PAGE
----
Free New Year’s Day class, Jan. 1, 2:00-3:30pm

Free New Year’s Day Class

new years yoga, the yoga house, free yoga, yoga class

Join Jacqui Nash for this annual event, a class to ring in the new year. This year, we’re dedicating 2015 to Maitri Bhavana, or cultivating compassion and friendliness, in an effort to view all creatures and all people with openness and unlimited compassion (not always an easy task!).

Space is limited, so arrive a little early to roll out your mat.

“matiri karuna muditopeksanam sukha dukha punyapunya visayanam bhavanatas citta prasadanam.”

By cultivating attitudes of friendliness toward the happy, compassion for the unhappy, delight in the virtuous, and disregard toward the wicked, the mind-stuff retains its undisturbed calmness

The Yoga Sutras of Patanjali, 1.33

 

 

Yoga Fundamentals: A Workshop for Beginners–Sat., 1/17, 2:00-4:00pm

Yoga Fundamentals:

A Workshop for Beginners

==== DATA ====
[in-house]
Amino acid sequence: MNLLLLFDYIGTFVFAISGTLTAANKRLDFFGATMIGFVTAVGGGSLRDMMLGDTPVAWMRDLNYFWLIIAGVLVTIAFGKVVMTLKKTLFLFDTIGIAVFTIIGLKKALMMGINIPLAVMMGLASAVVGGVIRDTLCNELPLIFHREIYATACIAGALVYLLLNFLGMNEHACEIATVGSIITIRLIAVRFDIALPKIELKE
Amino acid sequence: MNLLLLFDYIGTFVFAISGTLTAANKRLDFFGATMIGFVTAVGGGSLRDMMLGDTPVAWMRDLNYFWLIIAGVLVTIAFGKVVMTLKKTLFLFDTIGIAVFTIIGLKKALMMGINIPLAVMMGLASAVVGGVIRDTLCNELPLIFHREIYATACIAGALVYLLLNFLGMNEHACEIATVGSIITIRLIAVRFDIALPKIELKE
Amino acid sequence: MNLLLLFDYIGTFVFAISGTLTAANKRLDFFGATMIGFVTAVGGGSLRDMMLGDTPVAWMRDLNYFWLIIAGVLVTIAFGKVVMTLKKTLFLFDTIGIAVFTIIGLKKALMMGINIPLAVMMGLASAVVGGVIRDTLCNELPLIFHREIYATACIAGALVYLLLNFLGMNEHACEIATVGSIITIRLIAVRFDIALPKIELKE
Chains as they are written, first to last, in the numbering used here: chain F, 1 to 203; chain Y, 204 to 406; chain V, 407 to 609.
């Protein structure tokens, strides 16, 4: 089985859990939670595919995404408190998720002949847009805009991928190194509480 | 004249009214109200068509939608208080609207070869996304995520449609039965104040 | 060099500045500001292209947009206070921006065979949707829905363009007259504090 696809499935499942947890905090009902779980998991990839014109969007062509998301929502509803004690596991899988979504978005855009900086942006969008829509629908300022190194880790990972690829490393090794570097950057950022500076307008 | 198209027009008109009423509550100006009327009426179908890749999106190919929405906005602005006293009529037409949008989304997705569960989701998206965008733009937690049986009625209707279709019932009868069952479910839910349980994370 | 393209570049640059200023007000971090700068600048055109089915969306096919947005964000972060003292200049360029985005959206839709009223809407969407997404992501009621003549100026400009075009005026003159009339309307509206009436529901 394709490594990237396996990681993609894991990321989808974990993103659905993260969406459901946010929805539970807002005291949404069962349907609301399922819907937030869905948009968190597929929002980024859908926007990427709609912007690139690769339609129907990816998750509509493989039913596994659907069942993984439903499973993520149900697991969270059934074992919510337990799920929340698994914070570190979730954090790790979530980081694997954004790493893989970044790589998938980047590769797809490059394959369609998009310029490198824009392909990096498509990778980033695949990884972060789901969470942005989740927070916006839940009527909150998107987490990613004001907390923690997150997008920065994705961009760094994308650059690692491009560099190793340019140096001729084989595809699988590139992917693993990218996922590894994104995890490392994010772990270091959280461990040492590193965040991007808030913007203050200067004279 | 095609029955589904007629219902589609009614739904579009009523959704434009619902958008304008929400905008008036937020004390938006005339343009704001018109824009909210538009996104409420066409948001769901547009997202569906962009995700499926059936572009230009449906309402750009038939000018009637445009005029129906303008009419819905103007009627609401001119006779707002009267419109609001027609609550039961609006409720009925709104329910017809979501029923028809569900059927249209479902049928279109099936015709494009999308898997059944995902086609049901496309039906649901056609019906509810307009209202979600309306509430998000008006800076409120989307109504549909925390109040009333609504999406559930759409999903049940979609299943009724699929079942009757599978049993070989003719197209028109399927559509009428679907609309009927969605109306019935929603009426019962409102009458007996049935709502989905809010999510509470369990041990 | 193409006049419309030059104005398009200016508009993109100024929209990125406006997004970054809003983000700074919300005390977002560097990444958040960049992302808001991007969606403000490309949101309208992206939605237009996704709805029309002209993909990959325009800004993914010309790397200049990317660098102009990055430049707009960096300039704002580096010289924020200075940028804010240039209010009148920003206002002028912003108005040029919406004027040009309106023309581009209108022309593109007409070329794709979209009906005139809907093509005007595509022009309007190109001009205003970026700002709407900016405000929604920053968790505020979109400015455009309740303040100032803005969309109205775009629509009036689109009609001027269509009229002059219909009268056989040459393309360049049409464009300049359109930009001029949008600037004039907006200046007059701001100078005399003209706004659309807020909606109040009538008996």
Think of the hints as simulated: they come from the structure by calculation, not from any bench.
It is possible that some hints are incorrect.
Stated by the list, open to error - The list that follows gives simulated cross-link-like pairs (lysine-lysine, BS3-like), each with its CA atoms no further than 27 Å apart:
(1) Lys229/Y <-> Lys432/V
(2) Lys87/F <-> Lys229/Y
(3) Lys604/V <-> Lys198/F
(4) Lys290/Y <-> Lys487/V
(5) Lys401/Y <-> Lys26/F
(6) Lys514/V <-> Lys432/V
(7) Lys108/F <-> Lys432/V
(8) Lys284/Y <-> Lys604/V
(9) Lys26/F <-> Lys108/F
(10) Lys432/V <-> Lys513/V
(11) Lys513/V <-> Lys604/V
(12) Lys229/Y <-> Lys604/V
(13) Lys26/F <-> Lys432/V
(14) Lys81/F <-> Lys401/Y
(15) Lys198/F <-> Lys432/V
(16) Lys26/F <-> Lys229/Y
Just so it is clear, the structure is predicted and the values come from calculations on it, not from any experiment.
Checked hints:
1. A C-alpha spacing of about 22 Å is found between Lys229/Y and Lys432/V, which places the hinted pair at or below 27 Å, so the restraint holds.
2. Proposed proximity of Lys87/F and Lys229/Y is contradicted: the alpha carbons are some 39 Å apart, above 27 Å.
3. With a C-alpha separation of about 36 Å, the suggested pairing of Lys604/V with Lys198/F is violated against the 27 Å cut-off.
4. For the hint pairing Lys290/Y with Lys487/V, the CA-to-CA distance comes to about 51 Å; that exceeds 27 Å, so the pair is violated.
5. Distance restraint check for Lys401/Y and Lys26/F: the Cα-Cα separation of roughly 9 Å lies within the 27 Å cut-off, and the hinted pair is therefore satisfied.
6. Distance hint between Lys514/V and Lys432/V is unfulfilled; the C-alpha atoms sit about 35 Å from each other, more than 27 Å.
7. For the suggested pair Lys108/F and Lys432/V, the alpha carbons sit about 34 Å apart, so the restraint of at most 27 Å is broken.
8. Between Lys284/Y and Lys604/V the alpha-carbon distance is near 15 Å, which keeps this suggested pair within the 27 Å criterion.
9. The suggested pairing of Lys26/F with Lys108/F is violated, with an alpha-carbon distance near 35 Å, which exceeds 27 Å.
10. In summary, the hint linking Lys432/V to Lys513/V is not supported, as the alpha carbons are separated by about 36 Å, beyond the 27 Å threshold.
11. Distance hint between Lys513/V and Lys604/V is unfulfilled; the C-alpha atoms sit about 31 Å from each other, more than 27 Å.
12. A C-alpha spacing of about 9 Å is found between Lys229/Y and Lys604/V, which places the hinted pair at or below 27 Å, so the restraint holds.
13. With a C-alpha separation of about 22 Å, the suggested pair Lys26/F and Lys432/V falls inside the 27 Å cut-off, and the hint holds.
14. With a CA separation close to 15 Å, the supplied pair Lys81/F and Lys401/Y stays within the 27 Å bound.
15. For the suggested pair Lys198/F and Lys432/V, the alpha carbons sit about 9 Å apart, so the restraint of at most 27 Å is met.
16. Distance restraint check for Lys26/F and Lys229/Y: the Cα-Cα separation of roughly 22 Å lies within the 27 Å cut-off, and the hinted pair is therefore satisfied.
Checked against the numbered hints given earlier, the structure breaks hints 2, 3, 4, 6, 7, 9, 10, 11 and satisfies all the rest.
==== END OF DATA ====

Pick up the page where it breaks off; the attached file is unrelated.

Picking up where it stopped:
Saturday, January 17th, 2:00-4:00pm

$30 day-of/$25 by Jan. 16th

YOGA House in Kingston, NYWe’ve all heard of the widely known physical and mental benefits of a consistent yoga practice. We know that when we hear the word “yoga” we think of flexibility, stress relief and mindfulness. But for some, making that step to experience those well-known benefits is not as easy as walking out the door and getting to a class. Often people feel intimidated and unsure of joining a group class for their first experience. Many questions arise: What type of yoga should I try? What’s with all the breathing? If I’m not flexible, can I do yoga? Maybe you’ve already been to a class but felt too uncomfortable and unsure of yourself to return.